by Tim Dahlberg
Associated Press Writer
AUGUSTA, Ga. (AP)—Kultida Woods was worried.
No, her son wasn’t being slapped with divorce papers. No mistresses or porn stars were stalking him.
But he did seem on the verge of throwing away any chance he had to win the Masters. And at this moment that seemed like the most critical part of Tiger Woods’ recovery so far.
“Bogey?” Mrs. Woods yelled out from her vantage point off the seventh fairway. “Come on now, stop that.”
|FIGHTING BACK—Tiger Woods tees off at the fourth hole during the third round of the Masters golf tournament in Augusta, Ga., April 10.
Woods was plenty worried himself. He couldn’t figure out the speed of the greens, some of his shots were going sideways, and two early birdies seemed like a distant memory.
And that thing he promised about controlling himself on the golf course? One bad swing on the par-3 sixth took care of that.
“Tiger, you suck,” Woods muttered, before adding a curse for good measure. All caught by the CBS microphones, of course, for the listening pleasure of millions watching an afternoon of Masters drama play out on a gorgeous Saturday.
Informed that he cursed, Woods said, “Did I? If I did, then I’m sorry.”
Being Tiger Woods once meant never having to say you’re sorry. So count that in Woods’ favor, even if weeks in therapy haven’t changed everything about the world’s greatest golfer.
Indeed, after a wild round left him still within striking distance on Sunday, it was clear one vital thing was still the same—Woods still has the resolve that made him so feared for so many years.
“That’s fine. That’s never a problem,” Woods said, referring to his mental toughness before repeating himself for emphasis. “That’s not a problem.”
No, the problem was the swing that had served Woods so well in the first two days of his comeback from a scandal that sent him into rehab for reasons he refuses to disclose. The putter disappeared for long stretches, too, in an erratic round that seemed to confound Woods as much as it did his mother.
Kultida Woods couldn’t do anything about it, though she offered a running commentary to Nike chairman Phil Knight as they followed her son around the course, and following them was a uniformed deputy sheriff.
After Woods hit his first putt up a big hill and well past the hole on No. 6, she explained to Knight that the putt was just too tough.
“If you do not putt it hard it will come down,” she said. “It’s a hard putt. A hard putt.”
Missing from the small entourage was Woods’ wife, Elin, but that was hardly a surprise. How things stand between Woods and his wife only they know, though it wouldn’t be hard to guess that the marriage remains a work in progress.
It’s not hard to guess what this Masters means to Woods, either. Returning to the place he feels most comfortable was a big step in his comeback from public ridicule, and getting into contention after two rounds was an even bigger step in proving he still has his magic touch.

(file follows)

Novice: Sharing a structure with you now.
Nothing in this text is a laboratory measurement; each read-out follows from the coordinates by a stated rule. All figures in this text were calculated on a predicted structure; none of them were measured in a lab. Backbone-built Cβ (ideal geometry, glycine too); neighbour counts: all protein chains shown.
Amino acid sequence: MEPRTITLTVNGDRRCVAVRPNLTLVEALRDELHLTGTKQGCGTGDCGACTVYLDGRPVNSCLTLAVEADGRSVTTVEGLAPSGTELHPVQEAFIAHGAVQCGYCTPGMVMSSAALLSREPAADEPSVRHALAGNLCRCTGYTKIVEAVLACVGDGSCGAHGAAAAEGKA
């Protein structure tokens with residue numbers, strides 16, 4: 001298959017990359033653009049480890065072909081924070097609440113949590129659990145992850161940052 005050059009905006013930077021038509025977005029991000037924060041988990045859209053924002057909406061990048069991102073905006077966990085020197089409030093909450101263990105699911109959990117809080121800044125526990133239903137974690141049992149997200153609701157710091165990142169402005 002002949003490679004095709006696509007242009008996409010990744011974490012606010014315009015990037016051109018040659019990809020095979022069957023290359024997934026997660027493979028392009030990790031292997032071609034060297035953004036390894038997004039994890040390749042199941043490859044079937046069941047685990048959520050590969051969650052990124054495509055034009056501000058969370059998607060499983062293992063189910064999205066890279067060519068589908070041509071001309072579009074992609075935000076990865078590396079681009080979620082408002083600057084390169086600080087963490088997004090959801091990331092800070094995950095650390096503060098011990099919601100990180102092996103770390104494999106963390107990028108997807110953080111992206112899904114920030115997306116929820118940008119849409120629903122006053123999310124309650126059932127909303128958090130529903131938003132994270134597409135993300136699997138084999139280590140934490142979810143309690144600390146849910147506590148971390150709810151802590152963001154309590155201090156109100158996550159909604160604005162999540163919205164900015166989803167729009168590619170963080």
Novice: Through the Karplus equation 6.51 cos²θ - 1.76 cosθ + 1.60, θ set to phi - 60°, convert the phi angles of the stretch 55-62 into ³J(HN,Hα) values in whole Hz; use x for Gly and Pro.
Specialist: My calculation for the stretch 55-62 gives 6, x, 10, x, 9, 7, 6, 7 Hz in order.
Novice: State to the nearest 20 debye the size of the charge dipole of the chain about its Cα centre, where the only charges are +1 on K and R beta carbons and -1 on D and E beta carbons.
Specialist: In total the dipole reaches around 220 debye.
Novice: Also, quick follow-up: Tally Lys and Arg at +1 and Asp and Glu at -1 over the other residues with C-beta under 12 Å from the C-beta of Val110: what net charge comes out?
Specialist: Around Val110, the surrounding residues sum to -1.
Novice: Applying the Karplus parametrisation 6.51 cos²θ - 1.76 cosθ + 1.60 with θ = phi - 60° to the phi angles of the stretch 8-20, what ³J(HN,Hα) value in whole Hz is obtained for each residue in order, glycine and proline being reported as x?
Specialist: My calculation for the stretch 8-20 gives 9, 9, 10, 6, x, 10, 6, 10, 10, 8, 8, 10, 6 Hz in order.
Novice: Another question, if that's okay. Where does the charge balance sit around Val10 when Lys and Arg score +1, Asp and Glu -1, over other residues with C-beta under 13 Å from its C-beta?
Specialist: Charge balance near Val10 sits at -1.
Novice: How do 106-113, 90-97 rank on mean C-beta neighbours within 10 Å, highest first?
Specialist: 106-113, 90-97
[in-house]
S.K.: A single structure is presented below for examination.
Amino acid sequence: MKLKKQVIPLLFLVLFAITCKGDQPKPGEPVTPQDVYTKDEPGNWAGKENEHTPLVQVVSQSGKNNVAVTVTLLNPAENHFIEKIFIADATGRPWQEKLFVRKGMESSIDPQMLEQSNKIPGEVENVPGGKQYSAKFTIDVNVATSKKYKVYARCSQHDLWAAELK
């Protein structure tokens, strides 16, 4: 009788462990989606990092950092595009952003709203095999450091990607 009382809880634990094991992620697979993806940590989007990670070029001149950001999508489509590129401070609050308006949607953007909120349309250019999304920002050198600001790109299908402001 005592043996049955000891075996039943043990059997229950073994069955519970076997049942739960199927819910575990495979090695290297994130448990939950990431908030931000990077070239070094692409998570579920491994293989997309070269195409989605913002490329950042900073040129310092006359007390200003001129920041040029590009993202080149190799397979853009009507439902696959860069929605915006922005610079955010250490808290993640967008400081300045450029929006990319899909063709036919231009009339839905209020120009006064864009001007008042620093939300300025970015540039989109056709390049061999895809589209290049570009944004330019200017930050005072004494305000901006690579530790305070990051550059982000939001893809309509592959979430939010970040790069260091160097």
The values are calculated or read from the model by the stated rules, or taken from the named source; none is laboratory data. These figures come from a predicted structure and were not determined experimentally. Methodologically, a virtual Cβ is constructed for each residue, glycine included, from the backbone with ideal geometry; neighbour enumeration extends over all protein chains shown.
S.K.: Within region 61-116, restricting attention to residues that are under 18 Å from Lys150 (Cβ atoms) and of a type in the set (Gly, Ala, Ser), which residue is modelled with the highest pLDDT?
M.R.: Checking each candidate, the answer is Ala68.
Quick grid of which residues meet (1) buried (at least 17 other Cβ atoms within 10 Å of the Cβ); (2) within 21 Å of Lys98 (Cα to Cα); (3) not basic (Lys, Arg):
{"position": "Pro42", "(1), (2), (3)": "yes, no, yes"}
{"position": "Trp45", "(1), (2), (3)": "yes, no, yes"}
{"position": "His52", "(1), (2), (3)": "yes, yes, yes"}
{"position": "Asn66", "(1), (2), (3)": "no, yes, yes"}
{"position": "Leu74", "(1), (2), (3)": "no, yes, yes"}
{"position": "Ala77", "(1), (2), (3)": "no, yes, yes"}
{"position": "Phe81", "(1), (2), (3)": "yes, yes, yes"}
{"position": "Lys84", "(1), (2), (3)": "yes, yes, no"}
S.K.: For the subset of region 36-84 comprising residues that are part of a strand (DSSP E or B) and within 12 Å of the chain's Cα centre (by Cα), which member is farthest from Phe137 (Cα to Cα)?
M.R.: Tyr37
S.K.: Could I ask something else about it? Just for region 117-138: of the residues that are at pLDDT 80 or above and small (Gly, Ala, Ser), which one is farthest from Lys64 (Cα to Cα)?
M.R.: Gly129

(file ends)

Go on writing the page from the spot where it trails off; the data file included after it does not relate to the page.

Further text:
Saturday wasn’t nearly as easy, despite two birdies on the first three holes that moved Woods to within one shot of the lead. He had struggled on the practice range, and the swing was not there once play began no matter how hard he tried to find it.
He was seven shots back and heading in the wrong direction when he plunked it in the sand on the par-3 12th. But he got up-and-down for par, then went birdie-birdie-birdie before following a bogey on No. 17 with a birdie on the final hole.
The final tally was seven birdies and five bogeys, but it could have been a lot worse. It left him tied for third, four strokes back of Lee Westwood and three behind Phil Mickelson.
More importantly, it left him with a smile on his face as he walked off the 18th green.
“I fought as hard as I possibly could to get myself back in the ballgame,” Woods said. “At one point I was seven back and to fight back there and to get it where I’m only four back right now was a pretty big accomplishment.”
Fighting back seems to be a recurring theme here for Woods, who the day before likened his return to golf to that of Ben Hogan following the 1949 car accident that nearly took his life. That was an unfortunate comparison at best, considering his own accident resulted in just five stitches to his lip and was of his own making.
Then there’s the Nike ad that invokes the voice of his late father. Woods thinks it’s “apropos.” It’s not. It’s creepy and exploitative, with the words of Earl Woods taken out of context.
None of that bothered the thousands who swarmed around him on every hole Saturday, trying to get a look at Woods in action. They cheered for him from the first tee to the 18th green, excited to see him in the mix again.
Woods seemed almost as excited to be there himself, on a day when roars cascaded across Augusta National and it felt more like a final round. He was in contention again, and he seemed as if he almost couldn’t wait to get to the driving range to figure out what was wrong with his swing so he could fix it for Sunday.
There may be a few curse words then, too. Woods, after all, is new to the gentleman part of a gentleman’s game.
Fans may cover their ears, but no one will cover their eyes. Woods in red on Sunday in the next-to-last group at the Masters is compelling enough even in normal times.
And if the last five months have proved anything, these are not normal times.
Except for watching Phil Mickelson slip into another green jacket, Tiger Woods should have few complaints about his week at the Masters.
He tied a tournament record by making four eagles. He was never out of the top 10 from the opening round. He had his best 72-hole score at Augusta National in five years.
“Overall, it was a good week,” Woods said Sunday after he tied for fourth.